I'm still trying to figure this one out.
Was "Hit and Run" a comedy, a romance or an action flick.
Perhaps the best way to describe it is a romactionomedy. Ya, that's it.
Dax Shepard, who started his road to fame, helping Ashton Kutcher as an original member of MTV's Punk'd crew, performing naked calesthentics in front of a mortified Jessica Alba, wrote and co-directed this story, starring himself and girlfriend Kristen Bell.
Shepard is Charlie Bronson/Yul Perkins, living in a rural community as part of the Witness Protection Program. His former life, as Yul, a getaway driver for a group of bank robbers, is in his past. After turning over evidence against his former criminal friends to protect his fiance, Charlie, has started a new life with Annie (Bell), who is a student of peaceful conflict resolution.
Monitoring Charlie's safety is Randy Anderson (Tom Arnold), a bumbling federal marshal, who has problems with both his gun and his vehicle. It seems like Charlie should be watching out for Randy's well being most of the time, serving as a counselor to Randy's frequent meltdowns.
When Annie gets a job offer to head up a new department on non-violent conflict resolution at a California college, Charlie decides he can't hold her back, and the two set off to his old stomping grounds in Los Angeles, despite the threat to his life.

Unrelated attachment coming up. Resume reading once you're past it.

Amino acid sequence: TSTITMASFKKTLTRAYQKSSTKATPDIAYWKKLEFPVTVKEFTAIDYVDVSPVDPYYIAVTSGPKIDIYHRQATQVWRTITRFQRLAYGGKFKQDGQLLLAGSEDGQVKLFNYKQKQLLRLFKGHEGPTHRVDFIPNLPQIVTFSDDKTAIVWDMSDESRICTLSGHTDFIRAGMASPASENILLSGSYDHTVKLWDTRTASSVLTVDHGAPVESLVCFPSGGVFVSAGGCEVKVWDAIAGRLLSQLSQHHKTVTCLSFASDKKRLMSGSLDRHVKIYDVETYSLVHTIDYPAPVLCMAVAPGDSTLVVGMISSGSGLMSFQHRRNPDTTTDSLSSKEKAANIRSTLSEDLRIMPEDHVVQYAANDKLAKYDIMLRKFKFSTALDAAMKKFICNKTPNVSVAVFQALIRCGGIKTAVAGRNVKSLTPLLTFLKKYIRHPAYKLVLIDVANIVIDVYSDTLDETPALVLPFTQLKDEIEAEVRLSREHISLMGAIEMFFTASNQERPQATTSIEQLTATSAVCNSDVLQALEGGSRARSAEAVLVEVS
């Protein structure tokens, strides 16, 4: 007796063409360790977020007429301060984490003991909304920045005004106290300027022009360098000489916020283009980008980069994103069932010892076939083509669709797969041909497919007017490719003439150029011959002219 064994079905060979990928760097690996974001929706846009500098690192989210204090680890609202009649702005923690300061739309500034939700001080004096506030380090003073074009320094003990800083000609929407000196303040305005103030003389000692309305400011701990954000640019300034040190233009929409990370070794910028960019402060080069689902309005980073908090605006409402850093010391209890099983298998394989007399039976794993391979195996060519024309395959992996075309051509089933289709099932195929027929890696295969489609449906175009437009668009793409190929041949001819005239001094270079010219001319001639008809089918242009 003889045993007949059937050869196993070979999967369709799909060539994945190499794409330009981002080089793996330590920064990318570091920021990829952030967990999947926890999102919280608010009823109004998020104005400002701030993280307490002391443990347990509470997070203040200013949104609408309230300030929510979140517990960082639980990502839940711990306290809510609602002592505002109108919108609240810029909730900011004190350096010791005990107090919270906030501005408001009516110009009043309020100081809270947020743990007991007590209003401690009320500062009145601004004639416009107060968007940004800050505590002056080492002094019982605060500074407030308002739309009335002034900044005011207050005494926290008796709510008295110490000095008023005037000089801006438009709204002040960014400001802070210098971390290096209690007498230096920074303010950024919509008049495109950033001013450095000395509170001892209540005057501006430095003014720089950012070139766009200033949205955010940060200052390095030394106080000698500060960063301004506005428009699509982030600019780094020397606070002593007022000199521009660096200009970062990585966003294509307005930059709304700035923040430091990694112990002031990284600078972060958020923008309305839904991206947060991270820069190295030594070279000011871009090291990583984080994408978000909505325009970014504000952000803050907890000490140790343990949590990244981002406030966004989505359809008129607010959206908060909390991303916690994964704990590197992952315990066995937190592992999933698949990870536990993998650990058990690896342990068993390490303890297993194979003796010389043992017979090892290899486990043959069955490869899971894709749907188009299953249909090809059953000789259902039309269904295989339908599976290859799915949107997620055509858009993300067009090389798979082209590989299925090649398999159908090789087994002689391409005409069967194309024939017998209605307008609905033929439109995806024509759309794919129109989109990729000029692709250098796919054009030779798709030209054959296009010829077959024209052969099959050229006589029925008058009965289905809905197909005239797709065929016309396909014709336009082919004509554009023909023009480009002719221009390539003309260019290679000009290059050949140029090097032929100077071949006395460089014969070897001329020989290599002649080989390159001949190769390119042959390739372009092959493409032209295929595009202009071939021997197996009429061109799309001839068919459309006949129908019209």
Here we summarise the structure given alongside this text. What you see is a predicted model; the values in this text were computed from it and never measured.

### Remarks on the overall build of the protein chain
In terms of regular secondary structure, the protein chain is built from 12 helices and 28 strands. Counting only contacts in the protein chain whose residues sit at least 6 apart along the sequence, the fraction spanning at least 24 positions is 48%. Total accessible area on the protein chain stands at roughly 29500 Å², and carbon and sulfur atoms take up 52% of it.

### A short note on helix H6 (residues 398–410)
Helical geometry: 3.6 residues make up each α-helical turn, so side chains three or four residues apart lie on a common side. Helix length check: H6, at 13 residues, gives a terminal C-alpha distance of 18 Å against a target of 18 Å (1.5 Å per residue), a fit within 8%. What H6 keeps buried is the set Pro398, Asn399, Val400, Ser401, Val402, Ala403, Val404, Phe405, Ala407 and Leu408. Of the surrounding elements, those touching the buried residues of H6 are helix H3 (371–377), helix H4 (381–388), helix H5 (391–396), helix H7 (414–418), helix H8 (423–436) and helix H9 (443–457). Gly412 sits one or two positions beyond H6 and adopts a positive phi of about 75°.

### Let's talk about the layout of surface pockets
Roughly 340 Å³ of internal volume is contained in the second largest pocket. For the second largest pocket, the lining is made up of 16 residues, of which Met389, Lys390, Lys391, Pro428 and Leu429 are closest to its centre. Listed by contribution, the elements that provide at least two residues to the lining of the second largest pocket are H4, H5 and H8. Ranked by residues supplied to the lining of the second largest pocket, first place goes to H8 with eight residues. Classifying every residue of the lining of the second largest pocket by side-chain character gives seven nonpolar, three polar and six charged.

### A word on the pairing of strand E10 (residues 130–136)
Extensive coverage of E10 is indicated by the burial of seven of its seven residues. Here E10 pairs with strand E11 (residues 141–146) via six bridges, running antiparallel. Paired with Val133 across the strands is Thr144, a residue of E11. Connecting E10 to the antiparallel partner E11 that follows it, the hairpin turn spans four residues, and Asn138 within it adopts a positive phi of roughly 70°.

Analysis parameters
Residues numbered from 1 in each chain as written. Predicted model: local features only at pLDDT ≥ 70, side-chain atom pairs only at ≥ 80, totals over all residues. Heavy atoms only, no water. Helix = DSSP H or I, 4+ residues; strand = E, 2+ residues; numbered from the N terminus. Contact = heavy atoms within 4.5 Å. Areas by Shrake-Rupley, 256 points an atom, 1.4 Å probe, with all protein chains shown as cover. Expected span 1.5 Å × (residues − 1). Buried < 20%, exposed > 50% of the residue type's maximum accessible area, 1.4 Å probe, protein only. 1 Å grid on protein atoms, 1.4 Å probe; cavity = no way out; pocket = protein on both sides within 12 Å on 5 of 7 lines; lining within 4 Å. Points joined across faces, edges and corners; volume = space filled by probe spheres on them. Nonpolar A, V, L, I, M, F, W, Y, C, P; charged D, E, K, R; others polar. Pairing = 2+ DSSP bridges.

Annie's former boyfriend, Gil (Michael Rosenbaum), rats out Charlie's return to L.A. to his former partners, led by Alex Dimitri (a dread-locked Bradley Cooper).
Car chases and comic situations litter the romance between the two main characters as Annie tries to come to grips with Charlie's past life and what she perceives as lies that have come between them.
Just be forewarned, be cautious when entering hotel rooms. Make sure you have the right room.
Some brief but comedic cameos by Sean Hayes, as Annie's potential college department head, and Jason Bateman as another federal marshal; along with Kristin Chenoweth as Annie's pill-popping college friend Debbie Kreeger add some solid humor to the picture; and Beau Bridges turns up as Clint Perkins, Charlie's dad.
I can't call it great, but it wasn't awful either. It kind of just was. It left you wondering what you'd just watched, but not upset that you sat through it.
Might want to wait for video, but worth the rental.